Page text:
When this kind of technology becomes widely adopted, the touch of a distant loved one, or sending a high five whilst gaming may soon be a reality. From synthetic skin to electronic skin, brain-machine interfaces literally wire robotic limbs to a person’s nervous system, and are capable of restoring touch. As the technology of touch evolves, the cyborg becomes all that more human.
Can touch feel the same in a virtual environment?
Feel the north
Lost? Battery died? Meet Sentero; a sensory organ, worn permanently on your wrist. It transmits spatial information to the body that allows you to sense the magnetic north.
Smell is a sense that is hardly articulated in our technological culture. But this sense is linked to the part of the brain managing memory and emotions. Picture this, visiting a forest through Google maps, complemented with the digital aroma of natural woodlands, fresh flowers and crisp air.
The sense of smell will likely be the next step to expand multisensory communication. New research directly stimulates scent via electrodes that are inserted through the nostril, which could even lead towards a cochlear implant for the nose. By tapping into this sense, olfactory technology has the potential to enhance immersive VR experience. For the future, we imagine a digital interface for stimulating smell sensations.
The sense of smell will likely be the next step to expand multisensory communication
Smell from a distance
Designer Lloyd Alberts envisioned a speculative product called the Sniffer. It allows you to visualize scent in a Google glass style.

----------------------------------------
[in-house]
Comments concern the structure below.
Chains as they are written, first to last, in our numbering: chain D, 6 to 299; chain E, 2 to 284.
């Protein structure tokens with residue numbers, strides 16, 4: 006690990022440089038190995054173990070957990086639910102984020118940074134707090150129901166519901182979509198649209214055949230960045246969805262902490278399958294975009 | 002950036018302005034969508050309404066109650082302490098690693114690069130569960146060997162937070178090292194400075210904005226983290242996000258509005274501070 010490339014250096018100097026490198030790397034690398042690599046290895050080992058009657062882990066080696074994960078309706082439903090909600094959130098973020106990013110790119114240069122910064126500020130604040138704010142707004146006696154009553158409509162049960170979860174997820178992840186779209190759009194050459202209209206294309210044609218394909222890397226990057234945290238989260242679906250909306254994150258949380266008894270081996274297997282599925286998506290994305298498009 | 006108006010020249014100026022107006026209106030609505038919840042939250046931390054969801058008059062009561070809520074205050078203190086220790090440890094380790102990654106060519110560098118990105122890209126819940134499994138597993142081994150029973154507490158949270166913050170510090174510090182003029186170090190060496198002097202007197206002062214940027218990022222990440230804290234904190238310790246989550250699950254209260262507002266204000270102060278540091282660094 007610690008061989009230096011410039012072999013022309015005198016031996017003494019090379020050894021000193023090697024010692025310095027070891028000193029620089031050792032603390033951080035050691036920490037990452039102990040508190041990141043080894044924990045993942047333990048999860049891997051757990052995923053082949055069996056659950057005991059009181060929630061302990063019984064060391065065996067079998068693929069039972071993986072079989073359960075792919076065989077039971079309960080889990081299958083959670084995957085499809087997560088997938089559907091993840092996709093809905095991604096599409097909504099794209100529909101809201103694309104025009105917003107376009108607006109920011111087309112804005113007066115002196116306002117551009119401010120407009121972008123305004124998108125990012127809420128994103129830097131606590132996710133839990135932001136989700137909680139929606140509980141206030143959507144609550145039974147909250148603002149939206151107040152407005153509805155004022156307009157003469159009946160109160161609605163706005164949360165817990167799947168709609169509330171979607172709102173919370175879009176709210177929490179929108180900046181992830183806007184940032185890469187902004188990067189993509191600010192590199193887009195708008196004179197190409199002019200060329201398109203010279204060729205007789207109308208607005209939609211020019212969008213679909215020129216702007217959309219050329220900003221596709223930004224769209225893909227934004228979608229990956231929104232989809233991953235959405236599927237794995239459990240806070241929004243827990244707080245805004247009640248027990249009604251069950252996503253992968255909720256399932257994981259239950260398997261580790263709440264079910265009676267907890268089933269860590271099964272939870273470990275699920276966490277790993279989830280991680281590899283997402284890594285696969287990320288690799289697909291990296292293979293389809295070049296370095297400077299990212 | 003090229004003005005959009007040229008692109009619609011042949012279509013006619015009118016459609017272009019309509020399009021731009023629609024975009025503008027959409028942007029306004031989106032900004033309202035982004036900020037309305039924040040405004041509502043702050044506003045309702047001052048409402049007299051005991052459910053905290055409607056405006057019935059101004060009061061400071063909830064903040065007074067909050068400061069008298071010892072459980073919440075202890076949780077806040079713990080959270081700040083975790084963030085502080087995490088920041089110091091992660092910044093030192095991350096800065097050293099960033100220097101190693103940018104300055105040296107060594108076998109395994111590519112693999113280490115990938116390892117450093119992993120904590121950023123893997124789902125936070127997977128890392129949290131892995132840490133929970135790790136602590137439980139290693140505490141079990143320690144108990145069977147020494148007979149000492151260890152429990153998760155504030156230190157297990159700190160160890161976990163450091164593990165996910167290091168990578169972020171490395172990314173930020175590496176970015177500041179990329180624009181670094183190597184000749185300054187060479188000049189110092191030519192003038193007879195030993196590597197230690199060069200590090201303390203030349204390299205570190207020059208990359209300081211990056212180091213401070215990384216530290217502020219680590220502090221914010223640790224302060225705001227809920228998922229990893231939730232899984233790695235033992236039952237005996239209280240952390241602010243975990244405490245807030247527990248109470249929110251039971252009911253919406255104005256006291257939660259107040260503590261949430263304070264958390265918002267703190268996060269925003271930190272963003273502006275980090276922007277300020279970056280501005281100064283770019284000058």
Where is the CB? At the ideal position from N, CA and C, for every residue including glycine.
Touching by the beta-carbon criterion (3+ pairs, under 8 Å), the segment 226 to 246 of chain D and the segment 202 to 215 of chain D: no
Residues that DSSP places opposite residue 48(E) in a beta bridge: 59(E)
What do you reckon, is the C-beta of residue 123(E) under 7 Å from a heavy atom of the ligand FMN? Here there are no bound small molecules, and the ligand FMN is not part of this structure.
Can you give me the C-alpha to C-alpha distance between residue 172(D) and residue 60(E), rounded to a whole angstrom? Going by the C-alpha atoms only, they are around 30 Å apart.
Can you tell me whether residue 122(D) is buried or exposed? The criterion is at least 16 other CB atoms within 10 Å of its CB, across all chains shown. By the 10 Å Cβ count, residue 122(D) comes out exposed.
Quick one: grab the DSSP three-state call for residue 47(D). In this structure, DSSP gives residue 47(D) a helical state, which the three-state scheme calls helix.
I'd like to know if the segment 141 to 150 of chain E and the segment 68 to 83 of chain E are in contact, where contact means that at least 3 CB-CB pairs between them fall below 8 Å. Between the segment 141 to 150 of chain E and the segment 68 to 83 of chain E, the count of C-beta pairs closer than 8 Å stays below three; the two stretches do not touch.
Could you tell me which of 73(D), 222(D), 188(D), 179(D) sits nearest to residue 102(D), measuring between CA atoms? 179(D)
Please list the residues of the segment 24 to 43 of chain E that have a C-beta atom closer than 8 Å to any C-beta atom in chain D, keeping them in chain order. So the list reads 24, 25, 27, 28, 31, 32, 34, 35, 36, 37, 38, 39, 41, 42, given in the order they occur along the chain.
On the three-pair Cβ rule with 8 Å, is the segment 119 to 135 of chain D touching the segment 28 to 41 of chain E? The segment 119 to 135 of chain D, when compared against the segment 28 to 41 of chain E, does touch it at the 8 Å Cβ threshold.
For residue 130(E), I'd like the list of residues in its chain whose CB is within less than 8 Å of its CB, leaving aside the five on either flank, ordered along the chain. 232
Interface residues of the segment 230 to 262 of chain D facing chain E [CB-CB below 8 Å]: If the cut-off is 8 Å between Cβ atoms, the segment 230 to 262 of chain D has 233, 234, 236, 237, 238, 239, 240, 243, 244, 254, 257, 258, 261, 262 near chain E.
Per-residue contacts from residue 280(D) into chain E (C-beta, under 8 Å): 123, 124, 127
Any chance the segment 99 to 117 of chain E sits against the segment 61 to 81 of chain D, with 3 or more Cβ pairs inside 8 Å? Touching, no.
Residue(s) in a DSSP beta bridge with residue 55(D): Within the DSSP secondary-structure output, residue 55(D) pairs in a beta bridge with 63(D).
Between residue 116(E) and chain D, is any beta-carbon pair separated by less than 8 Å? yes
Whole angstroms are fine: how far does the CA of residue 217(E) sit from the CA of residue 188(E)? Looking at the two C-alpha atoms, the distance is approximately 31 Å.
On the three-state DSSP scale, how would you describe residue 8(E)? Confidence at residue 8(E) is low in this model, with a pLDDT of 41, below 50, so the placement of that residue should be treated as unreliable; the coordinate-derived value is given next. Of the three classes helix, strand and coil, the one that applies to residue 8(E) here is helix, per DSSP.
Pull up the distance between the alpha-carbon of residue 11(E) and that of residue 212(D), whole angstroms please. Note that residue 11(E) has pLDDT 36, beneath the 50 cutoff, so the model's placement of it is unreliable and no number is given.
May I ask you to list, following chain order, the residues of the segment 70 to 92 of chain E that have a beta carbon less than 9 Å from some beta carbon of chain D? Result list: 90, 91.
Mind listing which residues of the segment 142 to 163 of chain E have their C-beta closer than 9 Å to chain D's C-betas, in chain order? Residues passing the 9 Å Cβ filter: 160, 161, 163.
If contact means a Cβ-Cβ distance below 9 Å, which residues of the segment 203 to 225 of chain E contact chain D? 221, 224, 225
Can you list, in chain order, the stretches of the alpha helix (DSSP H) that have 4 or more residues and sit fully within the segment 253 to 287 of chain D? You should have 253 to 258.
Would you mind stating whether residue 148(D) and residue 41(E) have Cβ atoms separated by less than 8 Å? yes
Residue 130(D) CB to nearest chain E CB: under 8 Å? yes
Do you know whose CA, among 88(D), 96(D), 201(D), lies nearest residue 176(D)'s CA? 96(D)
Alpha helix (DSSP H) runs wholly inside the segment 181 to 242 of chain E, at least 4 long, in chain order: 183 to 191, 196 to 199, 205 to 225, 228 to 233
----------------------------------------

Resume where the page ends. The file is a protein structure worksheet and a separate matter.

Unlike the other three senses, our chemical senses of smell and taste are difficult to capture and recreate. Like smell, taste is key to present-time enjoyment. Digital devices put on your tongue can simulate different tastes using electrical and thermal stimulation. Electronic tongues aid the development of better, more consistently flavored foods.
Through the concept of electric taste augmentation, the sense of taste is biohacked, producing flavors in our mouth that aren't really there. Imagine digitally enhancing anything you eat, or enjoying the flavors of food never tasted before. Digitally tasting food from your device, or indulging in the dishes from the masterchef straight from your TV. You are what you eat? You are what you stream.
Imagine digitally enhancing anything you eat
Taste the technology
Forgot to buy mixers for your cocktail party? The Vocktail is here to add a dash of flavor, literally. Coupled with a device that digitally enhances anything you eat to resemble your favorite treat, virtual dinner parties have never been so delicious.
Looking for more? Good!
What other senses can we develop to look at our world from an alternative perspective? Developed a recent project that explores next senses? Get in touch and plot your coordinates as we navigate our future together.